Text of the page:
My Film and My Story wasn’t in the official young-film competition, but Icarus Under the Sun was. For once the ragged style of handheld video justifies itself in a tale of a girl who quits school and heads for Tokyo to work in a seedy mahjong parlor. Haruo rooms with a flighty roommate and her boyfriend, but becomes more attached to the workers in the parlor and the owner, a nearly blind, taciturn man for whom she conceives an almost daughterly affection.

The plot barely rises above anecdote, but it’s continually engaging through its focus on the performance of Abe Saori, one of the two directors. Haruo explains that she is “addicted to walking,” and some of the best scenes involve conversations during late-night wanderings in the bitter cold.

Starting out fairly choppy, the narration accumulates weight and breadth as Haruo becomes engaged in her work. The shots throughout are held rather long, but about halfway through, the scenes start to be built out of exceptionally long takes. When another worker, the boy Aran, takes sick, Haruo calls on him and we get an almost suspenseful treatment of her arrival in his apartment, with him lying almost motionless in a heap in the foreground.

The shot lasts almost four minutes as she comes forward to talk with him. Their subsequent conversation is filmed in a tight, leisurely shot as they eat burgers and explain their backgrounds—virtually the only exposition we get about Haruo’s troubled past.

The dingy look of many scenes carries a documentary conviction that a more polished work would not. And the rough texture is actually the product of patient care. Abe and her codirector Takahashi Nazuki explained that they spent ten months in shooting and two to three months in editing. But it’s no mere technical exercise either, since Abe calls it both a fictional film and a documentary about her experiences. Like her protagonist she spurned conventional schooling and went to Tokyo to live on her own. Rooming with Takahashi, she decided to make the film “to know certain shadows” in her life. Icarus Under the Sun is actually the duo’s second film, and they have already finished a third, the more technically slick Soft-Boiled Egg (Hanjuku tamago.). Another thing about young directors: They have energy.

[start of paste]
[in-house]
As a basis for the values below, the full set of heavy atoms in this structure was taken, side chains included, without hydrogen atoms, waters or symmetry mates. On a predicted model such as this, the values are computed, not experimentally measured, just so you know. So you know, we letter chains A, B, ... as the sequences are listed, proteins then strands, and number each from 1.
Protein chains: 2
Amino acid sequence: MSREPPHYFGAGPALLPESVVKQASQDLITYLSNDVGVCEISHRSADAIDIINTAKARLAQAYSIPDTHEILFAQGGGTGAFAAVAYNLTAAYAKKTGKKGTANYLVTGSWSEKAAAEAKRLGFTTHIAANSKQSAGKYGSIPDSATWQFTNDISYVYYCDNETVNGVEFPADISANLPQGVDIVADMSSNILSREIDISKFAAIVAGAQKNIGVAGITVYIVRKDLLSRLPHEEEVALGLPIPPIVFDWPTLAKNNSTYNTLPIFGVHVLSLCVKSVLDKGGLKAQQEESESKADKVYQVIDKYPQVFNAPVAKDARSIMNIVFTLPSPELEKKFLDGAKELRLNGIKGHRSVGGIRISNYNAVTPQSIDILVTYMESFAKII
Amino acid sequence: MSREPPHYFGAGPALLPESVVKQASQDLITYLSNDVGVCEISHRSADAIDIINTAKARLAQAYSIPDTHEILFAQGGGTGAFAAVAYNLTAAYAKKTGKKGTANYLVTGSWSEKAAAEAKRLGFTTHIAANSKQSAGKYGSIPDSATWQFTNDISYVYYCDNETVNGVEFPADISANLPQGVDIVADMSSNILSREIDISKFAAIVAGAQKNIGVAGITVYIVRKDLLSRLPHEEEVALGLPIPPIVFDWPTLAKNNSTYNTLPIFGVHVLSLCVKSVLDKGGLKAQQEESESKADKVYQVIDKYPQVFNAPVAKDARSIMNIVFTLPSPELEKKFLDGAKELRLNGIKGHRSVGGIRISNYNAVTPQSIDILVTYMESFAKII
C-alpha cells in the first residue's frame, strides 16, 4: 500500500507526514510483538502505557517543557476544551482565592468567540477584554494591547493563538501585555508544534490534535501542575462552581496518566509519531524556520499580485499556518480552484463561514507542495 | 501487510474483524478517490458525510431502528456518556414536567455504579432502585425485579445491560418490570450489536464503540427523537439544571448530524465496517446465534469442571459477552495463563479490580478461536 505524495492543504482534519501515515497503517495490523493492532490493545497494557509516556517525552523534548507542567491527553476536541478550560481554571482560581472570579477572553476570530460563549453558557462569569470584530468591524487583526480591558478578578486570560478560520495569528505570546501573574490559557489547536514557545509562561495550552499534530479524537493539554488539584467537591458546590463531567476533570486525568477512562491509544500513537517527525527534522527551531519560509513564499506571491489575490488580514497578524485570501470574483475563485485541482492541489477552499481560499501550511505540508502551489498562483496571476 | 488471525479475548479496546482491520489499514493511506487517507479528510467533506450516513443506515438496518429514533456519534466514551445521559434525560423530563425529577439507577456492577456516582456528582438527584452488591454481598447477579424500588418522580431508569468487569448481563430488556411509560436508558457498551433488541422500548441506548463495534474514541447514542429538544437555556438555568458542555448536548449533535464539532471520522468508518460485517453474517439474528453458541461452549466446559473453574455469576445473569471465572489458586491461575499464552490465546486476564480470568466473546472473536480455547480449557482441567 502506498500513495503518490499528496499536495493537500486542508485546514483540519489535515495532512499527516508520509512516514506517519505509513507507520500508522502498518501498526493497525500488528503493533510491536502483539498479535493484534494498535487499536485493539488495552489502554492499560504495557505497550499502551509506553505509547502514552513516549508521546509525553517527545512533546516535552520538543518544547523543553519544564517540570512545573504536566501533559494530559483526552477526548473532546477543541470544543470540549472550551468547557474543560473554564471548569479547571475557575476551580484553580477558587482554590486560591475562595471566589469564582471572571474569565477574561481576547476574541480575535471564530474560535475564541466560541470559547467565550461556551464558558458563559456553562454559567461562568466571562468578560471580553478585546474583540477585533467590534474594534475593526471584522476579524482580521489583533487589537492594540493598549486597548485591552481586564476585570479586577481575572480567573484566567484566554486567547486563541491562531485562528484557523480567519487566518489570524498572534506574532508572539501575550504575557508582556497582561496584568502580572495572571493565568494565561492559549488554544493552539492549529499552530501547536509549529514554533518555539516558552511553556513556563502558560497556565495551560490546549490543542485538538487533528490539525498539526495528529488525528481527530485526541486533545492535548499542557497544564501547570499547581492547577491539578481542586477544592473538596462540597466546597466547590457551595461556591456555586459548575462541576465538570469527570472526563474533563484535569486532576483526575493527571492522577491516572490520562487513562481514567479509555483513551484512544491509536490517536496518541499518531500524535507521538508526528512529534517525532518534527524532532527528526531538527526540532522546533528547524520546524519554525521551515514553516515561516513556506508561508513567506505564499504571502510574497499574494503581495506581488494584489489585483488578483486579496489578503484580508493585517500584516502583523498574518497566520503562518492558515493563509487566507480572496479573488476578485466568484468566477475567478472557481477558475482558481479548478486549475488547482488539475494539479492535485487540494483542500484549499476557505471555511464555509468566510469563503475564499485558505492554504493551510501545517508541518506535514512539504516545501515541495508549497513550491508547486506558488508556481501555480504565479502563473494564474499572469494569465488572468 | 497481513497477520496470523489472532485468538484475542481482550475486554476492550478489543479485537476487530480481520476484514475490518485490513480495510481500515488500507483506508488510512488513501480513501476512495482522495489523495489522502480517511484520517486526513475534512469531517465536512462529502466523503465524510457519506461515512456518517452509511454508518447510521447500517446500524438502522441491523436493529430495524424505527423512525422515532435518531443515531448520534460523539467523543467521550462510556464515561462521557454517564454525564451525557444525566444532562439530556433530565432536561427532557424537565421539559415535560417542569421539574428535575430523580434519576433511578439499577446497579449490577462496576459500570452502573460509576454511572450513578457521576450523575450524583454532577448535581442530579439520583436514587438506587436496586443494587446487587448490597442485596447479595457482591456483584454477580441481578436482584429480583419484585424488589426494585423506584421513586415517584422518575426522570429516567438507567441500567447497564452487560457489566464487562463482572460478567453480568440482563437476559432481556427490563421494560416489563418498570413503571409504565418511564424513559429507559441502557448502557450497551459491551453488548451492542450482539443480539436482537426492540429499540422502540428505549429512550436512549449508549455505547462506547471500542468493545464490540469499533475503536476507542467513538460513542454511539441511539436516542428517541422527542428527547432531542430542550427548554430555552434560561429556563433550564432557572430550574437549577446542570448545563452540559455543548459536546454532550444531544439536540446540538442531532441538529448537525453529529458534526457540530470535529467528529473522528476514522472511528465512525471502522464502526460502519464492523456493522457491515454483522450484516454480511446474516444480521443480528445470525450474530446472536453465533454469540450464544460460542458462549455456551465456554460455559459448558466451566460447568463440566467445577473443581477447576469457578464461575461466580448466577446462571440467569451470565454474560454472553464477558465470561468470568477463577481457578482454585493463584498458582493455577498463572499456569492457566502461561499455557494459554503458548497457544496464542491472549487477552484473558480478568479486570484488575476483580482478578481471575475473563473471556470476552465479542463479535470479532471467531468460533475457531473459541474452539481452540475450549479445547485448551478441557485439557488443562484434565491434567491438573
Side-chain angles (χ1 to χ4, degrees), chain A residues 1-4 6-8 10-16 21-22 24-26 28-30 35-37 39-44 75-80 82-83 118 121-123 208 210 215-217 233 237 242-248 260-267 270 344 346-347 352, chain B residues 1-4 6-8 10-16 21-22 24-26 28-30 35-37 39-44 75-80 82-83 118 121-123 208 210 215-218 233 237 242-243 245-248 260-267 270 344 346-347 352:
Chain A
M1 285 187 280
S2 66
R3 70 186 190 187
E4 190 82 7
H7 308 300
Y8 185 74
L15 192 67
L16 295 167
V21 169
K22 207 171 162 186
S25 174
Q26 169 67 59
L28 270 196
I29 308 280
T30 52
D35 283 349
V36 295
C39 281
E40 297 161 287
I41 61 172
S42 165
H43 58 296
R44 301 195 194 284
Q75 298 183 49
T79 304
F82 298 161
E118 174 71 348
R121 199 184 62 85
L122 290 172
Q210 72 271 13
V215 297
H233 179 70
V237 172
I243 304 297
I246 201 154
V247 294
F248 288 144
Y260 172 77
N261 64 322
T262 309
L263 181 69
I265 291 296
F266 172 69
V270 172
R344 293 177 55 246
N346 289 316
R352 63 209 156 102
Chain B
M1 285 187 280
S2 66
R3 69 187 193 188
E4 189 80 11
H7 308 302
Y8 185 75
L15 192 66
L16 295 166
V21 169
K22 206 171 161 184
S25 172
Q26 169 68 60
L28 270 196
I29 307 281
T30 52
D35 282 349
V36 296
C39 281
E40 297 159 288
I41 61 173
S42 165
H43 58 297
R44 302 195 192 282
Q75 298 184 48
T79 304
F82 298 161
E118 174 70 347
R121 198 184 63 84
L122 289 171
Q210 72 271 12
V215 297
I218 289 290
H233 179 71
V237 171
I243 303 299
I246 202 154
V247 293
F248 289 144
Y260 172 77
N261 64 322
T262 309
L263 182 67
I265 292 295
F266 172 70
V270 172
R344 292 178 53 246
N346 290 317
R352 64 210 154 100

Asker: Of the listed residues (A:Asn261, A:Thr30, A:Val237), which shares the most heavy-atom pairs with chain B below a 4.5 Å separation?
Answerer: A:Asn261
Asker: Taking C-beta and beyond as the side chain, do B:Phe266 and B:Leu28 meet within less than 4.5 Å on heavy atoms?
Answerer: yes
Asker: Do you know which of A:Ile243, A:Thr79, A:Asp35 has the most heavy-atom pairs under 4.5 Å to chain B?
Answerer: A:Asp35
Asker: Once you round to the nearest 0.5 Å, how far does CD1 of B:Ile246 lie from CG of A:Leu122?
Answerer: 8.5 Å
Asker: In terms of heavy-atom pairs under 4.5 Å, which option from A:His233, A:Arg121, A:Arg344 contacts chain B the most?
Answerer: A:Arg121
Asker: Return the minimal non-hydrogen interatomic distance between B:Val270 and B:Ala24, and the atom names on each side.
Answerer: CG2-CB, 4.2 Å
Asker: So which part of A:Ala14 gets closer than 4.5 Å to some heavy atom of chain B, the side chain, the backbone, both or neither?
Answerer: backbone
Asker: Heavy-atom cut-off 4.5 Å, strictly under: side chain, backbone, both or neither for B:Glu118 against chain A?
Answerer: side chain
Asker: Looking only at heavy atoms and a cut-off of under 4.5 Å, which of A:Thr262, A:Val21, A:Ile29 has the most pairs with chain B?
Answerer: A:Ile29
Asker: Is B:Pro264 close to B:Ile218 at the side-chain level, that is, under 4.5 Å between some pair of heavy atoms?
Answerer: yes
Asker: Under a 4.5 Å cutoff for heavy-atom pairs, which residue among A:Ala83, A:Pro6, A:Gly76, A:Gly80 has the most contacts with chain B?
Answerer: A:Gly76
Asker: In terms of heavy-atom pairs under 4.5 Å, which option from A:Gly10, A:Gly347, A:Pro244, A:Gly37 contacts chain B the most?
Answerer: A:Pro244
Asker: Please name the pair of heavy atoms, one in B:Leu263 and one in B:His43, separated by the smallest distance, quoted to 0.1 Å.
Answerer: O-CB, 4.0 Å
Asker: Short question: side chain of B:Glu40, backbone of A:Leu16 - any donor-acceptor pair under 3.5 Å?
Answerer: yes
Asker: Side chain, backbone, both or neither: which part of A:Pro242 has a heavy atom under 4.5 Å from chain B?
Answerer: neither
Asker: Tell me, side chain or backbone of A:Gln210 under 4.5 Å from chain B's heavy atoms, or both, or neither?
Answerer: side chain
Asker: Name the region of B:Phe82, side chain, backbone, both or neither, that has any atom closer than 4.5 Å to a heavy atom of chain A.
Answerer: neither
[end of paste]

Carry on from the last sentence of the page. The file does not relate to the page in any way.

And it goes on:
Takashi Miike’s 13 Assassins is not what you might expect. Unlike your typical Miike item, this one throws no curves. It is an old-fashioned, butt-stomping, gut-slashing swordplay movie, with swagger to spare. Adapted from a 1963 film, it’s Seven Samurai plus six, with explosives.

True, there’s a Miike signature moment early on that shows what Lord Noritsugu has done to a woman’s body in his quest for piquant entertainment. But this horrifying scene serves a very traditional purpose: To prove to swordmaster Shinzaemon Shimada (and us) that Noritsugu has failed his duty as a leader and must be assassinated. He isn’t merely brutal. He lives an aesthetic of exquisite savagery. He has turned droit de seigneur into performance art. A massacre, he says with a fetching smile, is fun. He is a handsome monster. We can hardly wait to watch him die—preferably like a dog, in the mud, in agony.